I am a graduate research assistant at the university where I am a graduate student (there's a redundancy in there somewhere, but I've a cold and don't feel like correcting it or making this already-too-long sentence as pithy as it ought to be). My job involves processing a collection of papers from a local governmental agency and as a result, I run across a lot of papers from the Cook County government. (N.b.: 1) I am not saying I am processing the official papers of the Cook County government papers, just that I run across some such papers in the course of my processing; 2) for those who don't know, Cook County is where Chicago is; so it's a pretty important county.)

Almost nothing that I see is particularly interesting. Indeed, much of it is quite boring: I'm talking land deeds, legal descriptions of property, workaday correspondence about such exciting matters as plats of wells and highway easements. There really isn't anything incriminating, either, despite that county's reputation for corruption. (I don't deny the corruption was there, but I am saying that the evidence for it hasn't made it into the collection I am processing.)

My point is this: much of the work is tedious [see update below], but it's work that someone has to do, and it is work that helps our economy move along. A multitude of things would be much more difficult, or even impossible, if we did not have people, including elected officials, take care of such mundane things.

I write this because I occasionally hear about how public officials really don't perform a public service at all, but simply leech off the public. Their jobs are hard, and not one I would enjoy having. What I mean is, for all the sturm und drang about who's hiring who, who's breaking what election laws, who's caving in to which special interest, there's a lot of hard work that these people are doing and it should at least be recognized.

Of course, there are qualifications: county commissioners and county presidents have lawyers and accountants and deputies at their disposal who are civil servants and who do a lot of the grunt work. I realize that when the county president signs a report on property lines, he or she did not necessarily read or understand it fully. But he or she has to deal with this stuff all day long and is held (rightly) accountable for signing off on it. A lot of government work is dreary and grim.

Of course, also, there are problems. I'm not denying that some very bad things happen. Even without corruption, not all benefit from these practices of government (just ask anyone whose property has been condemned and who didn't receiving anything like a "just compensation," or worse, whose property has been declared a "blight" and received even less). If we factor in the corruption, well....things just get really bad for a lot of people (but pretty good for a few). Finally, even without the corruption or the perverse results and differential benefits of government policy, there's the megalomania of the local politician who wants his or her hands in everything and who wants to mayor? to governor? to president?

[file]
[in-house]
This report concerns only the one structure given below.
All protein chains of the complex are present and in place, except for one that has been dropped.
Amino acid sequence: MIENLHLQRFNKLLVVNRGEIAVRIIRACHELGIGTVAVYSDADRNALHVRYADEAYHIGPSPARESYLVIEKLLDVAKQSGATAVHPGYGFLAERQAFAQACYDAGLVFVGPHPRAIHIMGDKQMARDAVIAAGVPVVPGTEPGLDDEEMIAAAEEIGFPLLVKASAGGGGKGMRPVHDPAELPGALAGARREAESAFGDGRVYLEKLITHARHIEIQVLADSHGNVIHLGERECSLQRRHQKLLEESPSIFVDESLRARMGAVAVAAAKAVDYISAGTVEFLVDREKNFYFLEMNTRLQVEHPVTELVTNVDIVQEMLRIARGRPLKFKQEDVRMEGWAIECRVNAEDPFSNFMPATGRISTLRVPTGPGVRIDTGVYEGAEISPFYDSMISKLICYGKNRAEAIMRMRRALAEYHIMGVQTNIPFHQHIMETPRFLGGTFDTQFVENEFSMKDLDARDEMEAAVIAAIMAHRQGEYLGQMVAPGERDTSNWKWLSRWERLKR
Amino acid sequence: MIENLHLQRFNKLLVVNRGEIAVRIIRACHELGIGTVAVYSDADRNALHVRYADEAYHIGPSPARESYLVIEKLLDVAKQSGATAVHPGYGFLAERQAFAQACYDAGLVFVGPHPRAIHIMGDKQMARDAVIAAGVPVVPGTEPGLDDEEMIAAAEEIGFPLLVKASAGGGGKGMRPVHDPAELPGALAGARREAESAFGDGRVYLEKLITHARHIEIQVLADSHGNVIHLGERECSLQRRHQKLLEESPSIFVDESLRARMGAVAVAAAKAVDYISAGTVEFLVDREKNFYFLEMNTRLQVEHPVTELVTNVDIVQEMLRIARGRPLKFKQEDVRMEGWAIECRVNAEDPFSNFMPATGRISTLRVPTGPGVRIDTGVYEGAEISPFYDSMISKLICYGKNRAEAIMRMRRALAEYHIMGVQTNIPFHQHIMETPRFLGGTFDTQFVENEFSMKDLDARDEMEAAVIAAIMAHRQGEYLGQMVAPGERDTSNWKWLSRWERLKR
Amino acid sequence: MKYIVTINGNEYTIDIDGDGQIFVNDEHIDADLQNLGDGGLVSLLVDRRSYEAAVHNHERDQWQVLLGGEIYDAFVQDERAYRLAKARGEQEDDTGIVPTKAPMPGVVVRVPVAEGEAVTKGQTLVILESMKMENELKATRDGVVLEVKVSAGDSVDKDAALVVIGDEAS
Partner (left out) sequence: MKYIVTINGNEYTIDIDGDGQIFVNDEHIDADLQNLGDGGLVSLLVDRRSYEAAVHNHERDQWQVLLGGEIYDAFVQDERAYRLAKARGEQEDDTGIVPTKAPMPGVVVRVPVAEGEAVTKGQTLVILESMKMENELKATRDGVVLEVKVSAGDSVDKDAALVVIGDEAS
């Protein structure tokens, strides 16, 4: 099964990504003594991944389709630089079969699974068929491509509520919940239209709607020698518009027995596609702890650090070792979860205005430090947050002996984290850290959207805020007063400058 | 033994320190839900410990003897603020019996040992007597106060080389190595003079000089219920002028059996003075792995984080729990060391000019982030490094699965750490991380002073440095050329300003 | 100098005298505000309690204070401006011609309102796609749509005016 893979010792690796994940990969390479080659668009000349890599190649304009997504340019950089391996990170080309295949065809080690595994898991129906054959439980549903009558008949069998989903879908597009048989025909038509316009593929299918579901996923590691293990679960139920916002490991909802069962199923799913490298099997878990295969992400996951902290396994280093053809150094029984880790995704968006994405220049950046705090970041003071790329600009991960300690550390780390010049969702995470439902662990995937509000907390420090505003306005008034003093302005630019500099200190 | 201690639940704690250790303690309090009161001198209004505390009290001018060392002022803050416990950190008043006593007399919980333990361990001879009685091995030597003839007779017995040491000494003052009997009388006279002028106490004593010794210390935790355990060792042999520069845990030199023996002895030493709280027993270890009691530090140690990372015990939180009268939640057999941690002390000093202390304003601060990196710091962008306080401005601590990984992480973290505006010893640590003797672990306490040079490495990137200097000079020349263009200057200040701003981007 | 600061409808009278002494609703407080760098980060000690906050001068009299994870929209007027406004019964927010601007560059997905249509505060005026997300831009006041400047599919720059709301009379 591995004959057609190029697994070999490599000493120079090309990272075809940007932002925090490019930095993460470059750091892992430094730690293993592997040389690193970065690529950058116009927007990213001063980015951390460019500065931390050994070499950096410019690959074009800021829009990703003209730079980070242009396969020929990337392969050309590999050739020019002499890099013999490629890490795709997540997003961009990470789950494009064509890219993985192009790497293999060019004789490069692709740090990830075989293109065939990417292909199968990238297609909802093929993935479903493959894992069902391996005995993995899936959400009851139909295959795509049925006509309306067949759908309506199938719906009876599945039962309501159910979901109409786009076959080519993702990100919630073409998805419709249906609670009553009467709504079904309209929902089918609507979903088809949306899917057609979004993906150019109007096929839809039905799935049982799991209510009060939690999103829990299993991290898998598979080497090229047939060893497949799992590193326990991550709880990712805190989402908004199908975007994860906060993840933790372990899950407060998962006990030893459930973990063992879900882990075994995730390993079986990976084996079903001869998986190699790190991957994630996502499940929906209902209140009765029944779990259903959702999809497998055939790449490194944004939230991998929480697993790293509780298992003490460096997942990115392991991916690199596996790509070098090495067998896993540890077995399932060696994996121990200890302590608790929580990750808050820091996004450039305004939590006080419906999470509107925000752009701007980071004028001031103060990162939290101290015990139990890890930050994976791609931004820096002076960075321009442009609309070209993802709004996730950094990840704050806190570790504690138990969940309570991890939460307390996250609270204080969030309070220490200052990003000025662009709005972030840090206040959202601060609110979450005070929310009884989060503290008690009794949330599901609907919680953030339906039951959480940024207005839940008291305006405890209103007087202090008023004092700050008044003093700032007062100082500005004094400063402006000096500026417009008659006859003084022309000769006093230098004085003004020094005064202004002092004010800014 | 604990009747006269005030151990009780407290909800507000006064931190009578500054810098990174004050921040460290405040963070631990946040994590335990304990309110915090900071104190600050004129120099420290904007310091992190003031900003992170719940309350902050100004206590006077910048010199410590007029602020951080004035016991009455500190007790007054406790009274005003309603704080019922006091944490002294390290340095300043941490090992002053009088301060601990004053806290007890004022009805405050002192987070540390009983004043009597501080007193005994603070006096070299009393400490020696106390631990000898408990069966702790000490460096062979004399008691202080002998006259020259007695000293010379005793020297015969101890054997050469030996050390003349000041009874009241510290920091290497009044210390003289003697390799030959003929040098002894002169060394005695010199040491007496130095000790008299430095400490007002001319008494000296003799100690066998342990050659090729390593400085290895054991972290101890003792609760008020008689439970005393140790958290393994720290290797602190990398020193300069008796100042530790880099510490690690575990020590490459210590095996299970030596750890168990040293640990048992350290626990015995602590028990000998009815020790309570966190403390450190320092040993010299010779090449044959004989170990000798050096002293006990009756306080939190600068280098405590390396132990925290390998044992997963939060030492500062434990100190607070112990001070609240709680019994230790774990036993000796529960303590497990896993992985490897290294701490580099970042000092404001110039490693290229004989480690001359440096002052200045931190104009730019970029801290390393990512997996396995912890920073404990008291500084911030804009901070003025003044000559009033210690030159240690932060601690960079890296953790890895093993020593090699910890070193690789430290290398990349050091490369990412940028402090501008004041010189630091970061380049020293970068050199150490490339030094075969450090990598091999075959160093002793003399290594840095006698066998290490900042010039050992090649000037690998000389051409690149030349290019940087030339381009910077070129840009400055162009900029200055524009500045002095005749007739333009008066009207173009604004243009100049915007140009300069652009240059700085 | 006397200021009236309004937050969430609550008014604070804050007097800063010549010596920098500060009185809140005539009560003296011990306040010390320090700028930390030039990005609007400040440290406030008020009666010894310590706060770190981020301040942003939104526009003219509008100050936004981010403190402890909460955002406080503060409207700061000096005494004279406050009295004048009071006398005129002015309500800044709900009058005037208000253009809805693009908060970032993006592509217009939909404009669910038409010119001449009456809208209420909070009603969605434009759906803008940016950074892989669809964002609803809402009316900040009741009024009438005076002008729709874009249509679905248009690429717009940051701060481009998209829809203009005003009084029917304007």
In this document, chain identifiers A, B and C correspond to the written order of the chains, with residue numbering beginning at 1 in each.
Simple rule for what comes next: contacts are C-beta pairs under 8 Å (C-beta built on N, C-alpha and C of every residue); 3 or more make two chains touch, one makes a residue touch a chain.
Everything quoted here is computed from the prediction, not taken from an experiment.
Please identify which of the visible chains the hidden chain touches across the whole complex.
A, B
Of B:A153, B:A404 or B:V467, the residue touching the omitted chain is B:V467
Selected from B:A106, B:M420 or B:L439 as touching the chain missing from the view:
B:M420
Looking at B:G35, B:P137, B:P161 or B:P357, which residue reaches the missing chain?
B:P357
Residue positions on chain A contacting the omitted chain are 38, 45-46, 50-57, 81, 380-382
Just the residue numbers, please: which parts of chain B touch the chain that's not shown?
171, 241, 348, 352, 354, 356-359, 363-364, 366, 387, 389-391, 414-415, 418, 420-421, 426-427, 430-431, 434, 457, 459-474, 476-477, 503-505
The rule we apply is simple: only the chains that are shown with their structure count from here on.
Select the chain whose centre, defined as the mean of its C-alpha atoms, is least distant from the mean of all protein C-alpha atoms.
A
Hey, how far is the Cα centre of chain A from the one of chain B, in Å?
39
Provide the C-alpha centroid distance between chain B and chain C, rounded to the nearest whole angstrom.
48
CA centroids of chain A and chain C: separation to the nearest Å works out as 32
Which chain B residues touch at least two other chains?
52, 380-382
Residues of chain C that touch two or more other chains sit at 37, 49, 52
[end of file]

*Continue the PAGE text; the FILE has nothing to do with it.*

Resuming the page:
But there is a real service provided.

Update 4-29-11: When I wrote above that "much of the work is tedious," I was referring to the paperwork performed by the county-level government officials and not to the work I was doing. Similarly, when I said that such work was "is work that helps our economy move along," I definitely wasn't referring to my job. I'm grateful for it, but it's not the most pressing need of the ages.

Sunday, April 24, 2011

Stupid survey answers

There's a survey organization for which I fill out online surveys from time to time. (In exchange, I receive "points" that I can accumulate to get a gift card to some local restaurant or retailer.) Most of the questions are based on my choices as a consumer, asking questions like how many lawn mowers or automobiles or power saws I've bought in the last 6 months.

Sometimes the questions are attitudinal (again, mostly related to consumer choices). So, for example, they might give me the name of a fast food place and a statement regarding that chain, like "X restaurant has my best interests at heart" or "X restaurant is the type of place I want to be seen at." The answers are multiple choice and are put on a scale, for example, and sometimes they are expressed in terms of whether I "agree" with the statement:
  • Strongly agree
  • Slightly agree
  • Neither agree nor disagree
  • Slightly disagree